Technical Notes

View Application Notes Based on Common Questions Received from Customers

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Creating a Fatigue Damage Spectrum Test - VN0019

Author: Jade Vande Kamp
Abstract: What is the process to create a test using the FDS software? This tech note addresses the neccesary steps to creating a good FDS Test. 

The Fatigue Damage Spectrum (FDS) software is easy to use, but there is a sequence of steps that must be followed in order to properly utilize this software. The goal is to start with a single or multiple time history file(s) that represent the vibration a product will experience through its life, then create a Random PSD that is the damage equivalent to one lifetime of that product based on the imported files.  ... Read Full Article

Specific Values for m and Q - VN0018

Author: Jade Vande Kamp
Abstract: How can I determine a specific m and Q value for a product for use in calculating the Fatigue Damage Spectrum (FDS)? This tech note will dive into the answer to this question and help you determine the specific and correct m and Q values to run your FDS test.

Vibration Research’s Fatigue Damage Spectrum (FDS) software is a tool which utilizes weighted time history files representative of the end-use environment of a product to create a FDS... Read Full Article

M and Q Values for FDS - VN0017

Author: Jade Vande Kamp
Abstract: How do the m and Q values effect the outcomes of FDS generation, and test compression? What values of m and Q can be used, as a starting point, for test development of a mixed composition component? This tech note addresses how to answer these questions by defining the m and Q values for the FDS test.

For the analysis of a time history file when generating the FDS, a low Q value spreads ‘damage’ out amongst neighboring frequencies, a high Q concentrates ‘damage .... Read Full Article

Fatigue Damage Spectrum FAQ'S - VN0016

Author: Jade Vande Kamp
Abstract: What are some common questions that arise today in regards to Fatigue Damage Spectrum Testing? Find out many of the questions and answers by reading this tech note.

The Fatigue Damage Spectrum (FDS) software is a tool designed to give engineers the ability to create a random test profile that is the damage equivalent to weighted time history files that portray the end use environment of a product. In addition to this real-world relationship, the FDS can be used to compare multiple failure runs of a product, compare specifications to real world data, and determine if current testing is valid or if a product is being under/over tested. .... Read Full Article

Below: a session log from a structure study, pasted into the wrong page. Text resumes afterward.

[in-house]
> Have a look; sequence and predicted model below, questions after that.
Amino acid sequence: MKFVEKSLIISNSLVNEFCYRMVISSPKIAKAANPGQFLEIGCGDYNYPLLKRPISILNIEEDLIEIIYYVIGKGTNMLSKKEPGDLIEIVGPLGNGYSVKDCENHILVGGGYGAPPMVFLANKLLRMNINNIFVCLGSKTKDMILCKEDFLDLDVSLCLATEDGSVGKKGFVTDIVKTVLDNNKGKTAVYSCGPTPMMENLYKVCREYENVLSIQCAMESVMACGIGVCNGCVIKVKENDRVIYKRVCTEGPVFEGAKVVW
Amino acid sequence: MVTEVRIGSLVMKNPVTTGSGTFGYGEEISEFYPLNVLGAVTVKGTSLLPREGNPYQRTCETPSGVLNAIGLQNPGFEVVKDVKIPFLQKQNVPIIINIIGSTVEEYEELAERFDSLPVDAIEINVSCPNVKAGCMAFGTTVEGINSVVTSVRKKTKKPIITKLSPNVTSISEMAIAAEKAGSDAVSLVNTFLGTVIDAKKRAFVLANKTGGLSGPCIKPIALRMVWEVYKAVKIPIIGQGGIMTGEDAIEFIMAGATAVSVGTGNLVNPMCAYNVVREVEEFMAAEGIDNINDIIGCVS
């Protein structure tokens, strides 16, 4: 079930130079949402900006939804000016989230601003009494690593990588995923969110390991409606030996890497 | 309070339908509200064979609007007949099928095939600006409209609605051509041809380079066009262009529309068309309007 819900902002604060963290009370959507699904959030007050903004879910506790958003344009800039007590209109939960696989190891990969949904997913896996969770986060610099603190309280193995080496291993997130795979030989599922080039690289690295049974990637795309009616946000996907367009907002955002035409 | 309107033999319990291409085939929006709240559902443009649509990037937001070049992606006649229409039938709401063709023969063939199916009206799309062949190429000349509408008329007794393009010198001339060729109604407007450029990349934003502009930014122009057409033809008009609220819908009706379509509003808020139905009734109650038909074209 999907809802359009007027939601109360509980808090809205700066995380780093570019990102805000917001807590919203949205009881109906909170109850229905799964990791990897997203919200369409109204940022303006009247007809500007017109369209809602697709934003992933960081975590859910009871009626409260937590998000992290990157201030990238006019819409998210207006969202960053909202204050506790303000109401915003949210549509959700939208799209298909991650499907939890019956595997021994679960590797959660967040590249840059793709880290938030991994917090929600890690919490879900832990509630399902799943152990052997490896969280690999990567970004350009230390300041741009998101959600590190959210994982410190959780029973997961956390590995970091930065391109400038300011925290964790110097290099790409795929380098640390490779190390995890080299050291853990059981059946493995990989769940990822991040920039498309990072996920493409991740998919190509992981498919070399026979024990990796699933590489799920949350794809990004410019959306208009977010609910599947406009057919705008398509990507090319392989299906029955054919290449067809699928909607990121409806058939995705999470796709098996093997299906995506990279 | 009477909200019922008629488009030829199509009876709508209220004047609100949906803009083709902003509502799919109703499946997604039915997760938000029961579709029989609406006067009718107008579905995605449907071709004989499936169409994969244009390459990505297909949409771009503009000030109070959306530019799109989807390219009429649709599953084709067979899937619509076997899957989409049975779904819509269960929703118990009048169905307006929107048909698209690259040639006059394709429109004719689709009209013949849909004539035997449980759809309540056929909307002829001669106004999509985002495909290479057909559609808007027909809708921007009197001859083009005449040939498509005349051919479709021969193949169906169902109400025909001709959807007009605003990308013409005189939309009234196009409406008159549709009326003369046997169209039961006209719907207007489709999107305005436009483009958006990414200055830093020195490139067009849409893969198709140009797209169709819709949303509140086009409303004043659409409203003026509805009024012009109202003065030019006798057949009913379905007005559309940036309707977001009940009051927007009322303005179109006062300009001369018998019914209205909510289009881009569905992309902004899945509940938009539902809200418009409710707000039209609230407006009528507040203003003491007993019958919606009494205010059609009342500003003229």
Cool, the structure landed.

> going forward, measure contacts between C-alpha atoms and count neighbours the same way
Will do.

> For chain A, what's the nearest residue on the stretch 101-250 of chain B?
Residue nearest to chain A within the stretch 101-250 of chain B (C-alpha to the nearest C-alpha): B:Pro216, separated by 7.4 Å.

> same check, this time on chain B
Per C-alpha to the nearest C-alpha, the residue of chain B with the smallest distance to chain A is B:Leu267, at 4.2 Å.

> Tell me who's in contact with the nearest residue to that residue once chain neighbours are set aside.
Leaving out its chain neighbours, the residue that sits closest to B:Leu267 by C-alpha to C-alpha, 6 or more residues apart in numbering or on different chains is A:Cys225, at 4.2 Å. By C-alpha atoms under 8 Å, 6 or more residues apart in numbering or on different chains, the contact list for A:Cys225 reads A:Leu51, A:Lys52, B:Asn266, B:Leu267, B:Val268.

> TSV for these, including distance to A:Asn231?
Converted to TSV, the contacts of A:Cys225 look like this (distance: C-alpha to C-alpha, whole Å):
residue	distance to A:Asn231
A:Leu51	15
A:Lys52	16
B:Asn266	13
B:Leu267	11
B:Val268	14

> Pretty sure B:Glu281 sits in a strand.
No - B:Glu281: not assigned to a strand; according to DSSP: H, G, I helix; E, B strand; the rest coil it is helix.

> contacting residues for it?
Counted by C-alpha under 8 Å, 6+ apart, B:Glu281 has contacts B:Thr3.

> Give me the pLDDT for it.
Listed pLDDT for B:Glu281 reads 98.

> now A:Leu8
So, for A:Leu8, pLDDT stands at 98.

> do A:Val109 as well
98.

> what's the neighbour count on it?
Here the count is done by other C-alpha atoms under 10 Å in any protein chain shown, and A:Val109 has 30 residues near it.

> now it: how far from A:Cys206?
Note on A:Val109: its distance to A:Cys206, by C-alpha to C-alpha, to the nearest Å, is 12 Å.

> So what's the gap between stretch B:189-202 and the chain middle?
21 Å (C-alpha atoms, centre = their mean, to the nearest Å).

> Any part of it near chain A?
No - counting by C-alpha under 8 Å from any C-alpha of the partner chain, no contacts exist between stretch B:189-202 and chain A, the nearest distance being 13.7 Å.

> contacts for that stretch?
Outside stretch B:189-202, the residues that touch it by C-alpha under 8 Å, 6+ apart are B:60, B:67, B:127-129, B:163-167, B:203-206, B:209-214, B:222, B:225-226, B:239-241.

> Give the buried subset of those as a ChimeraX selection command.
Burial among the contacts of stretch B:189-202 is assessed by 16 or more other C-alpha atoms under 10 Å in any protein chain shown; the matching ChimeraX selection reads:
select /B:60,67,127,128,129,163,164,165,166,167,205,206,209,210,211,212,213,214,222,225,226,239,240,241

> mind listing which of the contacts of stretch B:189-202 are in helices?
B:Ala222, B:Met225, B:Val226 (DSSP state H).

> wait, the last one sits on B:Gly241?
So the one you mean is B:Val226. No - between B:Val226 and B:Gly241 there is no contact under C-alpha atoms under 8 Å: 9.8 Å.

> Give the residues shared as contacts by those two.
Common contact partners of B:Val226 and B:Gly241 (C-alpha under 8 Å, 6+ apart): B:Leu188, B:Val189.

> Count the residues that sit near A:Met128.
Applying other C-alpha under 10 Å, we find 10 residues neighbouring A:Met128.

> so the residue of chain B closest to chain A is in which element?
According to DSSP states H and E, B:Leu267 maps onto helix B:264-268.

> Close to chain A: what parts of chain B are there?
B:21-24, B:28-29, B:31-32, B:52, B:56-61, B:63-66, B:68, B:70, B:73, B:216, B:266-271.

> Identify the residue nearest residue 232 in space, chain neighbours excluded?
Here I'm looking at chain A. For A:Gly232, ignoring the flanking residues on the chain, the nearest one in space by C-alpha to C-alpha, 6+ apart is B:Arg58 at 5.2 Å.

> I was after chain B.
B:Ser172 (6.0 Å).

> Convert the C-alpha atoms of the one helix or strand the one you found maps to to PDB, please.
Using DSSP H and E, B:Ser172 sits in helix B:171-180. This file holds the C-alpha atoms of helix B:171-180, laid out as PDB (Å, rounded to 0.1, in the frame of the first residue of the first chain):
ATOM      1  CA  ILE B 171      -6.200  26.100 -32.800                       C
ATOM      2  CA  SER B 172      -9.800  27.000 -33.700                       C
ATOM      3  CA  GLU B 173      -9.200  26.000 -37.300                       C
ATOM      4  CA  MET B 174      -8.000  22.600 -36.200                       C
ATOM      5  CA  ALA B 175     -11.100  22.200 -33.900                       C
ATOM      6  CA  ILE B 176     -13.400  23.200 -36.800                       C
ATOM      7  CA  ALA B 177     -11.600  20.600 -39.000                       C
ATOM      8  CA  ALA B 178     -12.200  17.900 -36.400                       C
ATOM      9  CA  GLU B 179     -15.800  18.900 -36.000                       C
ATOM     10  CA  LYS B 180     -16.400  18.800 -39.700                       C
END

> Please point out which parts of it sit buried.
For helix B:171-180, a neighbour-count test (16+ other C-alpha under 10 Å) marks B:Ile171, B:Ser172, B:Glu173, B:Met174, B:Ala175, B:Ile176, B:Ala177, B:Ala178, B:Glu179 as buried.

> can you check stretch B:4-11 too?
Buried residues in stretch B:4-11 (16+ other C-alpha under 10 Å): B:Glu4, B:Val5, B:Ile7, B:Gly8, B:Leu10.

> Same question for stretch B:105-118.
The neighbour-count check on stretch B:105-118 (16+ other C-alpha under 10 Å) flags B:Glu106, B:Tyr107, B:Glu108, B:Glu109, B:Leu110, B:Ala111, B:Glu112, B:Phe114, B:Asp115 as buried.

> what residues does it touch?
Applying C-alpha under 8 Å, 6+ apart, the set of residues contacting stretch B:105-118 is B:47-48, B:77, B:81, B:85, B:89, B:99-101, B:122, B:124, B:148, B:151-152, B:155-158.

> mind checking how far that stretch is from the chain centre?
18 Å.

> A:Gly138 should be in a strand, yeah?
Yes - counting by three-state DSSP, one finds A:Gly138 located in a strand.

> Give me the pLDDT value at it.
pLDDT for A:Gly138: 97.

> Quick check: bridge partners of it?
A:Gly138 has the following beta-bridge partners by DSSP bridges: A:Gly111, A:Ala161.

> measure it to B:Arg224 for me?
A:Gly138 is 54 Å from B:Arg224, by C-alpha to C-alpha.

Averaging of Accelerometers - VN0015

Author: Aaron Offringa
Abstract: Using the VibrationVIEW software allows the user to use the average of multiple channels for control. In this technote, we will answer the question, "How does one use the average of multiple accelerometers for control?"

Averaging control is possible in our Sine, Random, and Shock software modules. First select your test and go to the ‘Channels’ tab.... Read Full Article

Random Lines of Resolution - VN0014

Authors: Aaron Offringa & Caleb Chamberlin
Abstract: VibrationVIEW software has the ability to adjust the lines of resolution for random vibration testing. This abstract illustrates how you can adjust the lines of resolution within the software and explains the benefits of doing so. A customer asked if we could help them eliminate the low frequency energy that was outside of their test parameters. This low frequency energy was close to the displacement limits of their shaker.

If you own the Random test module, choose ‘New Test’ in the VibrationVIEW Software. Then click the Random button as seen below...... Read Full Article

Sine on Sine Testing With Version 2014 - VN0012

Author: Aaron Offringa
Abstract: Using the Sine-on-Random test software, one can run a Sine-on-Sine test in VibrationVIEW version 2014. A customer asked if we could help him with setting up a Sine‐on‐Sine test to match a spec that he had. He was familiar with the Sine‐on‐ Random and Random‐on‐Random testing modes from Vibration Research, but was wondering what he needed to be able to do a Sine‐on‐Sine test.

To do this type of testing, the customer must have our Sine‐on‐Random Vibration Research test module. The first step is to click ‘New Test’ in the VibrationVIEW Software. Then click the Sine‐on‐Sine button as seen below. ... Read Full Article

Mirror Vibration Evaluation Procedure - VN0011